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Spie Press Book

CMOS/CCD Sensors and Camera Systems, Second Edition
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Book Description

The fully updated edition of this bestseller addresses CMOS/CCD differences, similarities, and applications, including architecture concepts and operation, such as full-frame, interline transfer, progressive scan, color filter arrays, rolling shutters, 3T, 4T, 5T, and 6T. The authors discuss novel designs, illustrate sampling theory and aliasing with numerous examples, and describe the advantages and limitations of small pixels.

This monograph provides the very latest information for specifying cameras using radiometric or photometric concepts to consider the entire system--from scene to observer. Numerous new references have also been added.


Book Details

Date Published: 29 April 2011
Pages: 408
ISBN: 9781510627116
Volume: PM208

Table of Contents
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Table of Contents

1 INTRODUCTION
1.1 Solid-state detectors
1.2 Imaging system applications
      1.2.1 General imagery
      1.2.2 Industrial (machine vision)
      1.2.3 Scientific applications
      1.2.4 Military applications
1.3 Configurations
1.4 Image quality
1.5 Pixels, datels, disels, and resels
1.6 References

2 RADIOMETRY AND PHOTOMETRY
2.1 Radiative transfer
2.2 Planck's blackbody law
2.3 Photometry
      2.3.1 Units
      2.3.2 Typical illumination levels
2.4 Sources
      2.4.1 Calibration sources
      2.4.2 Real sources
2.5 Point sources and extended sources
2.6 Camera formula
2.7 Normalization
2.8 Normalization issues
2.9 References

3 CCD FUNDAMENTALS
3.1 Photodetection
      3.1.1 Photogate
      3.1.2 Photodiode
3.2 CCD array operation
3.3 CCD array architecture
      3.3.1 Linear arrays
      3.3.2 Full frame arrays
      3.3.3 Frame transfer
      3.3.4 Interline transfer
      3.3.5 Progressive scan
      3.3.6 Time delay and integration
      3.3.7 Super CCD
3.4 Charge conversion (output structure)
3.5 Correlated double sampling
3.6 Overflow drain
3.7 Low light level devices
      3.7.1 Electron bombarded CCD (EBCCD)
      3.7.2 Electron multiplying CCD (EMCCD
      3.7.3 Intensified CCDs
3.8 Charge injection device (CID)
3.9 Well capacity
3.10 References

4 CMOS FUNDAMENTALS
4.1 CCD and CMOS arrays: key differences
      4.1.1 CCD array characteristics
      4.1.2 CMOS array characteristics
4.2 CMOS arrays: predictions and reality
      4.2.1 Smaller pixel potential limitations
      4.2.2 Smaller pixel design evolution
4.3 Pixel electronics
      4.3.1 3T pixel family
      4.3.2 4T, 5T, and 6T pixel families
      4.3.3 Rolling shutter vs. snapshot mode
4.4 CMOS architectures
4.5 CMOS future
4.6 References

5 ARRAY PARAMETERS
5.1 Number of detectors
      5.1.1 Video formats
      5.1.2 Scientific arrays
      5.1.3 Digital still cameras
      5.1.4 Image stabilization
5.2 Optical format
5.3 Dark pixels
5.4 Microlenses
5.5 Quantum efficiency
      5.5.1 CCD, CMOS, and EMCCD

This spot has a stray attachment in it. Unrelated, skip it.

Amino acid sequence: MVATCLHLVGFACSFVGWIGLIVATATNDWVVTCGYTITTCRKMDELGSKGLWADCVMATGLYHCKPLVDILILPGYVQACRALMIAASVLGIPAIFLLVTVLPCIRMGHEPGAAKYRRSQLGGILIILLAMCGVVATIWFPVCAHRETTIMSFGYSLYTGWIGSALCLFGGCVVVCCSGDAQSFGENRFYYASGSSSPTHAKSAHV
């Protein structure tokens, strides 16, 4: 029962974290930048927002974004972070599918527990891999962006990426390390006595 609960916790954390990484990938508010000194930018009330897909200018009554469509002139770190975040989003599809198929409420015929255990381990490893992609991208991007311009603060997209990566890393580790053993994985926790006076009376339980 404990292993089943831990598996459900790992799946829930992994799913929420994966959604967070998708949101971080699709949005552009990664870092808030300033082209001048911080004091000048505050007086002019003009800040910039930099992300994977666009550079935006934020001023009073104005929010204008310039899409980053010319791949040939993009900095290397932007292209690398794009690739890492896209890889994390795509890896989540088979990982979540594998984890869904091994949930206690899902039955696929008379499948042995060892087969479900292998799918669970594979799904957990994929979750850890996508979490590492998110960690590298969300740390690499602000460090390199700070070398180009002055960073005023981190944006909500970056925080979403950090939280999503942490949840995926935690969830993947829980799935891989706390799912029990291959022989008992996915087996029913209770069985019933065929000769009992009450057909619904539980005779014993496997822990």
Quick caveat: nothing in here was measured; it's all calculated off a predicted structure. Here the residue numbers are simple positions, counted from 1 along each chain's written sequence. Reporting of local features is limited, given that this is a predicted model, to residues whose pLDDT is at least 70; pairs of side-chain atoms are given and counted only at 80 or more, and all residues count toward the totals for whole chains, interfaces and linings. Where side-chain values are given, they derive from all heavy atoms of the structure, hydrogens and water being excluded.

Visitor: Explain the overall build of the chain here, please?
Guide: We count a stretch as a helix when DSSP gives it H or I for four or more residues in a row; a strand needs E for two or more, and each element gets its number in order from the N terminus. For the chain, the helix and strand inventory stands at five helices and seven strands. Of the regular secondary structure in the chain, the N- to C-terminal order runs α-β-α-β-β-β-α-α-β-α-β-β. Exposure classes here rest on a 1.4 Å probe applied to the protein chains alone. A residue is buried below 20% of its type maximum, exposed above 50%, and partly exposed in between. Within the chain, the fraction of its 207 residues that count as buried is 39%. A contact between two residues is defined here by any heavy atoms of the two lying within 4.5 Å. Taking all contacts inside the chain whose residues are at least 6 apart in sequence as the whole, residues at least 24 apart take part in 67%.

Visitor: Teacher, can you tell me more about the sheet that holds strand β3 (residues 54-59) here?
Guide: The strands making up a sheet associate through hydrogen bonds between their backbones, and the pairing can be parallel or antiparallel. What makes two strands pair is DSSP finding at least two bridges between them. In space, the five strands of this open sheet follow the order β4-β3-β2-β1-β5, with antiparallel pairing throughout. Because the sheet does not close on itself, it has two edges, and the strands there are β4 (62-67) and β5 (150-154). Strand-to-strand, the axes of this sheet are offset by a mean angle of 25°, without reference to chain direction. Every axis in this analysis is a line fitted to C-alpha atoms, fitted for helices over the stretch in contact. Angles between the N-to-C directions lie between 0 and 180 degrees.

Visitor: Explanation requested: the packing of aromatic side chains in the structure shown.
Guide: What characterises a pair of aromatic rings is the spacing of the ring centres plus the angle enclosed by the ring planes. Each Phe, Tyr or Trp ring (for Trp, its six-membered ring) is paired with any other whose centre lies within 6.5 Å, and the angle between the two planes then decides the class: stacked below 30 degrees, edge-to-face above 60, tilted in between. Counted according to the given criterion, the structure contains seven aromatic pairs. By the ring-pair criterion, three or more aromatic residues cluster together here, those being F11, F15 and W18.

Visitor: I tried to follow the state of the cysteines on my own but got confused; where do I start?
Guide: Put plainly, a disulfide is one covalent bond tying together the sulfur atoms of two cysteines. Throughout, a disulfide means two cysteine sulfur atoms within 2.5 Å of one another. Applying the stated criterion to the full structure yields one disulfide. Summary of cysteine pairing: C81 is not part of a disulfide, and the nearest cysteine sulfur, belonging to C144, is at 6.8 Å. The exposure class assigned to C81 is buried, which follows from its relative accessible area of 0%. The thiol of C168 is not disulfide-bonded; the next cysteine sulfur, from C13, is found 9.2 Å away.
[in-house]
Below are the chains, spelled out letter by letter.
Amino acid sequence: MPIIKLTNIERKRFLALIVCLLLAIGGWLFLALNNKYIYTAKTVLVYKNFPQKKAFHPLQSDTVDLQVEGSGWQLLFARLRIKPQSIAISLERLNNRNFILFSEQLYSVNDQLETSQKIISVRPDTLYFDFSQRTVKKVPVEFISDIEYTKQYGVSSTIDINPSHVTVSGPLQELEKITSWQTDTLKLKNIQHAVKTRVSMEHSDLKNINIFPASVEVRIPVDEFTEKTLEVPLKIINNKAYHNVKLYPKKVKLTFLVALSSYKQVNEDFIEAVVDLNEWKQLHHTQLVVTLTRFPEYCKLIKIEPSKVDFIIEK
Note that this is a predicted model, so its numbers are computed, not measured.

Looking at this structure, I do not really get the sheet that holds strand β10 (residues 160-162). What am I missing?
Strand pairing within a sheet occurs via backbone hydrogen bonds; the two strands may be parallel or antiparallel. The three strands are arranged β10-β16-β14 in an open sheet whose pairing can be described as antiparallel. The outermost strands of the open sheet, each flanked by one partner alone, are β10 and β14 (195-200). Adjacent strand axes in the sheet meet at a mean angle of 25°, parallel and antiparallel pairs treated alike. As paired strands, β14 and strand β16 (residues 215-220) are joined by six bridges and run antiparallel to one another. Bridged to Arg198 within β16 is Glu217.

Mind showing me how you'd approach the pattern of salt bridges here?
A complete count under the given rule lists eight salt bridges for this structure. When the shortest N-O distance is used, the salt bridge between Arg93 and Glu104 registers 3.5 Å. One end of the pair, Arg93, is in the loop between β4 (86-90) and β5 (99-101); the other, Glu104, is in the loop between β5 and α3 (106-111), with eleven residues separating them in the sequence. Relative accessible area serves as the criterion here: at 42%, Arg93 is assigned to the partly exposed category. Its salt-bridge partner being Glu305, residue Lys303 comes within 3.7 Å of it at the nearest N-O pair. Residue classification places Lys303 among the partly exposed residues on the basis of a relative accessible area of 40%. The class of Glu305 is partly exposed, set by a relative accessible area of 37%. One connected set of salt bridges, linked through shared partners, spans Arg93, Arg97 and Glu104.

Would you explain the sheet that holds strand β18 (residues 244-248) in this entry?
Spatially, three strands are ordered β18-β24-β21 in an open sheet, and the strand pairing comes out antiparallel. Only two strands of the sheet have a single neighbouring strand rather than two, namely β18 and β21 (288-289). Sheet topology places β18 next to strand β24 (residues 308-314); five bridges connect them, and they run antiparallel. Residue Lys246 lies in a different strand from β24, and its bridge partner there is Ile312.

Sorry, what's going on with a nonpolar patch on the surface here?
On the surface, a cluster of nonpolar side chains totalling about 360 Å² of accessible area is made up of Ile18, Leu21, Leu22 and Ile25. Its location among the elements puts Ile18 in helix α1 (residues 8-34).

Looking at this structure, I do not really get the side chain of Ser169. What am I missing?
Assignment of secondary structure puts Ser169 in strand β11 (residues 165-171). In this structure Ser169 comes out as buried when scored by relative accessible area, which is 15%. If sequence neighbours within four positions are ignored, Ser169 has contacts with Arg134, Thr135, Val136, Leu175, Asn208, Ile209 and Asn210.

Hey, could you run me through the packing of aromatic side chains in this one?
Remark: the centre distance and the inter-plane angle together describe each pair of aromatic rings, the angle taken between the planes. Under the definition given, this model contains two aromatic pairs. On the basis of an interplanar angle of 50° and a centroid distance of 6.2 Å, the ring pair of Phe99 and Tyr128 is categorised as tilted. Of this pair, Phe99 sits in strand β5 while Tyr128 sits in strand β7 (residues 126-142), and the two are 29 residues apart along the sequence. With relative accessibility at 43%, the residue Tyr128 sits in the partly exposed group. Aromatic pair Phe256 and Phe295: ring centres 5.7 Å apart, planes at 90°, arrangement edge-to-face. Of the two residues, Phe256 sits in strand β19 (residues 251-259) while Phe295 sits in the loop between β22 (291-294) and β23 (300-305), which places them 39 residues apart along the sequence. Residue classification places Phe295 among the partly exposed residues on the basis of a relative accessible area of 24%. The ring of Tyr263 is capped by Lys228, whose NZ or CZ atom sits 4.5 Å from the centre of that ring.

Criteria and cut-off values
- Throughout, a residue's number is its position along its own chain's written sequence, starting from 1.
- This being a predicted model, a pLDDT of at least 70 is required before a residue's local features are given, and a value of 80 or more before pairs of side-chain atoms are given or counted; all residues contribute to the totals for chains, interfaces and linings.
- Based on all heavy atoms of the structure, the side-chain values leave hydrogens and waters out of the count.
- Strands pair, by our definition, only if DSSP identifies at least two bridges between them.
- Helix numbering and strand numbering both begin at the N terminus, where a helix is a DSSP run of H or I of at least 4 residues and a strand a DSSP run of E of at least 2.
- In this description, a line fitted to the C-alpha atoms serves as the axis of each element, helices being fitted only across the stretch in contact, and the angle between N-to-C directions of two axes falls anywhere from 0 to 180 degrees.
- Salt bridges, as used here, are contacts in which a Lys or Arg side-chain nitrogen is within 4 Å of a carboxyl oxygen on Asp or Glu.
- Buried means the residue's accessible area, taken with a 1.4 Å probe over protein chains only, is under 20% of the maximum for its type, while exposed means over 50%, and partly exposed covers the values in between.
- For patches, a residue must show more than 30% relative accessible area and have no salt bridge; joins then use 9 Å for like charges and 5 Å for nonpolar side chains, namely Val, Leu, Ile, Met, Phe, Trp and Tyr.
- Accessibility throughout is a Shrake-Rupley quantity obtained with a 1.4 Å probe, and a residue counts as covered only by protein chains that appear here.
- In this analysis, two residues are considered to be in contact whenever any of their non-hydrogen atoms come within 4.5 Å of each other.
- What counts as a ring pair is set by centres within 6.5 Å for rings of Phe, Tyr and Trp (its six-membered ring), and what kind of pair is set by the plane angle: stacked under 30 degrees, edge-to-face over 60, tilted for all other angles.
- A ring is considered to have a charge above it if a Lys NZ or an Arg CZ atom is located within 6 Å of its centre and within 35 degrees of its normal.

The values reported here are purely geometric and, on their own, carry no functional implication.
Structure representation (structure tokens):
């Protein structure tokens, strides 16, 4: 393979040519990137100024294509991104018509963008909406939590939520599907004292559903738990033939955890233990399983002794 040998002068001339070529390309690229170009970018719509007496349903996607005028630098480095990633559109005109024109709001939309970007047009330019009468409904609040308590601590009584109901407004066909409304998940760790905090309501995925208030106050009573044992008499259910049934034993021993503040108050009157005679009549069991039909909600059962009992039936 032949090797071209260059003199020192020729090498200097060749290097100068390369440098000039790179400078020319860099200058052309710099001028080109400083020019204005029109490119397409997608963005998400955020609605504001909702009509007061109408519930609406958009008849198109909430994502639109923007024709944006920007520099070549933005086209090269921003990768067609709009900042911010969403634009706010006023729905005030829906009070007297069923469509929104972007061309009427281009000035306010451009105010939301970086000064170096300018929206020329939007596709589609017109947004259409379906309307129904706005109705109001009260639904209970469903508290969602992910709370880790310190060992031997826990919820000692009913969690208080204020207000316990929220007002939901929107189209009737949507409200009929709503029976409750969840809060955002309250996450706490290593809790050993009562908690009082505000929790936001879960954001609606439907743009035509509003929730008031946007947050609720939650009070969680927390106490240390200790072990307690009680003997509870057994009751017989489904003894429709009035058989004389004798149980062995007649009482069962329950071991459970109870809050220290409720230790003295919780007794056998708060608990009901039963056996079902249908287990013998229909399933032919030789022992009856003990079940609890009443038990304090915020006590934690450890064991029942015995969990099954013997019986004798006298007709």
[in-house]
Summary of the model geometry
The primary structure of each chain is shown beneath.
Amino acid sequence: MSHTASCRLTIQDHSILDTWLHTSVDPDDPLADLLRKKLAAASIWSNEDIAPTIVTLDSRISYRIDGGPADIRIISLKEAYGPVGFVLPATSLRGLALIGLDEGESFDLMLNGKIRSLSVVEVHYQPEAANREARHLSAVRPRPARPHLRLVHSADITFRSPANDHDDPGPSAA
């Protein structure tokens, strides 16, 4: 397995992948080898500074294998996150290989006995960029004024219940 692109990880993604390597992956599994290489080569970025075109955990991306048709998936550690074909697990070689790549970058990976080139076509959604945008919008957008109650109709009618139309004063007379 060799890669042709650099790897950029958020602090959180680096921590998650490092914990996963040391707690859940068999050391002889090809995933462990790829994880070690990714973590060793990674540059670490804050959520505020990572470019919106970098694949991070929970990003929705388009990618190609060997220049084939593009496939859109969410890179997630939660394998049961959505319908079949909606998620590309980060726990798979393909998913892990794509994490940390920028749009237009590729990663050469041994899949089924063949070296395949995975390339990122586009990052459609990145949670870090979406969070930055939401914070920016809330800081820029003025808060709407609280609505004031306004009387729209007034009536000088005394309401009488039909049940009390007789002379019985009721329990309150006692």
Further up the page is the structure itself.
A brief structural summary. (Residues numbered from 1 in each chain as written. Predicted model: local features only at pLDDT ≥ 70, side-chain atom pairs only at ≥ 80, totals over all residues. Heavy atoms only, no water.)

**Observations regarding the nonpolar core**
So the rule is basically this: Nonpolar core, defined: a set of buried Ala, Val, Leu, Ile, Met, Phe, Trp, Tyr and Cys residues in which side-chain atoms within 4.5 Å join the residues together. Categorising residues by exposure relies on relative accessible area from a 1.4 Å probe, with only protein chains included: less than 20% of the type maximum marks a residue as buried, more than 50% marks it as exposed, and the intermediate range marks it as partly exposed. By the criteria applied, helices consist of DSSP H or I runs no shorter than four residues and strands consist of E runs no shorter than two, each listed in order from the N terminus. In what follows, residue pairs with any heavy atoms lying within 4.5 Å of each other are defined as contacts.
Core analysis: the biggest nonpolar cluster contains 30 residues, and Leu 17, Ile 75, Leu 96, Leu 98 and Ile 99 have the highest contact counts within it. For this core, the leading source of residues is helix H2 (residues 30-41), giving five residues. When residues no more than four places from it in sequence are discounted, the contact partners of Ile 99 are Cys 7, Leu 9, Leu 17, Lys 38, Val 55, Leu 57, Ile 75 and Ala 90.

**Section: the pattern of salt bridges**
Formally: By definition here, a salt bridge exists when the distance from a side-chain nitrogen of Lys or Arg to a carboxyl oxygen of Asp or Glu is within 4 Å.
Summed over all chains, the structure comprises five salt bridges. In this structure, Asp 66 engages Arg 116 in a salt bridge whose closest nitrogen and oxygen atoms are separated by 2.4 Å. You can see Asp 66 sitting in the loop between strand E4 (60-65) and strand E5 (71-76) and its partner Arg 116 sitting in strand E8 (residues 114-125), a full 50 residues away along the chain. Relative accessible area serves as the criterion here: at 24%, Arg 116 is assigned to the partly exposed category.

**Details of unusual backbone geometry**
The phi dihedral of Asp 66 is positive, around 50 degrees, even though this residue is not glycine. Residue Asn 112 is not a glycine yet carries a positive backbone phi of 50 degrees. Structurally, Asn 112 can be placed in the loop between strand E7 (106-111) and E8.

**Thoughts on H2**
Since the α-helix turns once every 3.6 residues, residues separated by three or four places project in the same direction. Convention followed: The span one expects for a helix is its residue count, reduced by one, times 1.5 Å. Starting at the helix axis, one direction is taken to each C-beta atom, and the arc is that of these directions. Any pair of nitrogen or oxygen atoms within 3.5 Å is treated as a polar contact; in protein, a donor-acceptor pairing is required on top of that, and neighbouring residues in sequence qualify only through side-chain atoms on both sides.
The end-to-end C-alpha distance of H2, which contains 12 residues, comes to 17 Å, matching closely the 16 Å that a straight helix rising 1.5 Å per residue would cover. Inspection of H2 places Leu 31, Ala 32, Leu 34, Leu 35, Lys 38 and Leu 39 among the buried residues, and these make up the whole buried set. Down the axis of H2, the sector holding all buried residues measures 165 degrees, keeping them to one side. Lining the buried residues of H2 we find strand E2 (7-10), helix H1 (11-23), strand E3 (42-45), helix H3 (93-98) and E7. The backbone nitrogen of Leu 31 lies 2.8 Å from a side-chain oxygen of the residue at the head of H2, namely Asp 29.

5.5.2 ICCD and EBCCD
5.6 Creating color
      5.6.1 Color filter arrays
      5.6.2 Vertically stacked detectors
      5.6.3 3CCD
5.7 Defects
5.8 References

6 SENSITIVITY
6.1 Responsivity
      6.1.1 CCD, CMOS, and EMCCD
      6.1.2 Super CCD
      6.1.3 ICCD and EBCCD
6.2 Dark current
6.3 Maximum signal
6.4 Noise
      6.4.1 Shot noise
      6.4.2 Reset noise
      6.4.3 On-chip amplifier noise
      6.4.4 Off-chip amplifier noise
      6.4.5 Quantization noise
      6.4.6 Pattern noisep>
      6.4.7 Super CCD noise
      6.4.8 EMCCD noise
      6.4.9 ICCD noise
      6.4.10 "Camera noise"
6.5 Dynamic range
6.6 Photon transfer and mean-variance
6.7 Signal-to-noise ratio
      6.7.1 CCD, CMOS, and Super CCD SNR
      6.7.2 Incremental SNR
      6.7.3 EMCCD SNR
      6.7.4 ICCD SNR
6.8 Noise equivalent inputs
      6.8.1 NEI
      6.8.2 Noise equivalent reflectance
6.9 Lux transfer
6.10 Speed – ISO rating
6.11 References

7 CAMERA DESIGN
7.1 Camera operation
7.2 Optical design
7.3 Analog-to-digital converters
7.4 Image processing
      7.4.1 The knee
      7.4.2 Aperture correction
      7.4.3 Gamma correction
7.5 Video formats
      7.5.1 "Conventional" video timing
      7.5.2 Digital television
7.6 CRT overview
      7.6.1 Monochrome displays
      7.6.2 Color displays
7.7 Flat panel displays
7.8 Computer interface
7.9 References

8 LINEAR SYSTEM THEORY
8.1 Linear system theory
      8.1.1 Time varying signals
      8.1.2 Spatially varying signals
8.2 Electronic imaging system
8.3 MTF and PTF interpretation
8.4 Superposition applied to optical systems

9 SAMPLING
9.1 Sampling theorem
9.2 Aliasing
9.3 Image distortion
9.4 Array Nyquist frequency
9.5 CFA Nyquist frequency
      9.5.1 Bayer CFA
      9.5.2 WRGB CFA
      9.5.3 Super CCD FPA
      9.5.4 Foveon
      9.5.5 2PFC
9.6 Reconstruction
9.7 Multiple samplers
9.8 References

10 MTF
10.1 Frequency domains
10.2 Optics
10.3 Detectors
      10.3.1 Rectangular
      10.3.2 Circular
      10.3.3 L-shaped
      10.3.4 Notched rectangle
10.4 Diffusion
      10.4.1 Bulk diffusion
      10.4.2 Surface lateral diffusion
      10.4.3 Epitaxial layer diffusion
10.5 Optical crosstalk
10.6 "Color" MTF
      10.6.1 Optical low pass filter
      10.6.2 Bayer pattern
      10.6.3 Measured MTF
10.7 Sampling "MTF"
10.8 Charge transfer efficiency
10.9 TDI
10.10 Motion
      10.10.1 Linear motion
      10.10.2 Random motion (jitter)
10.11 Digital filters
10.12 Reconstruction
      10.12.1 Sample-and-hold
      10.12.2 Post-reconstruction filter
10.13 Boost
10.14 CRT display
      10.14.1 Spot size
      10.14.2 Addressability
      10.14.3 Character recognition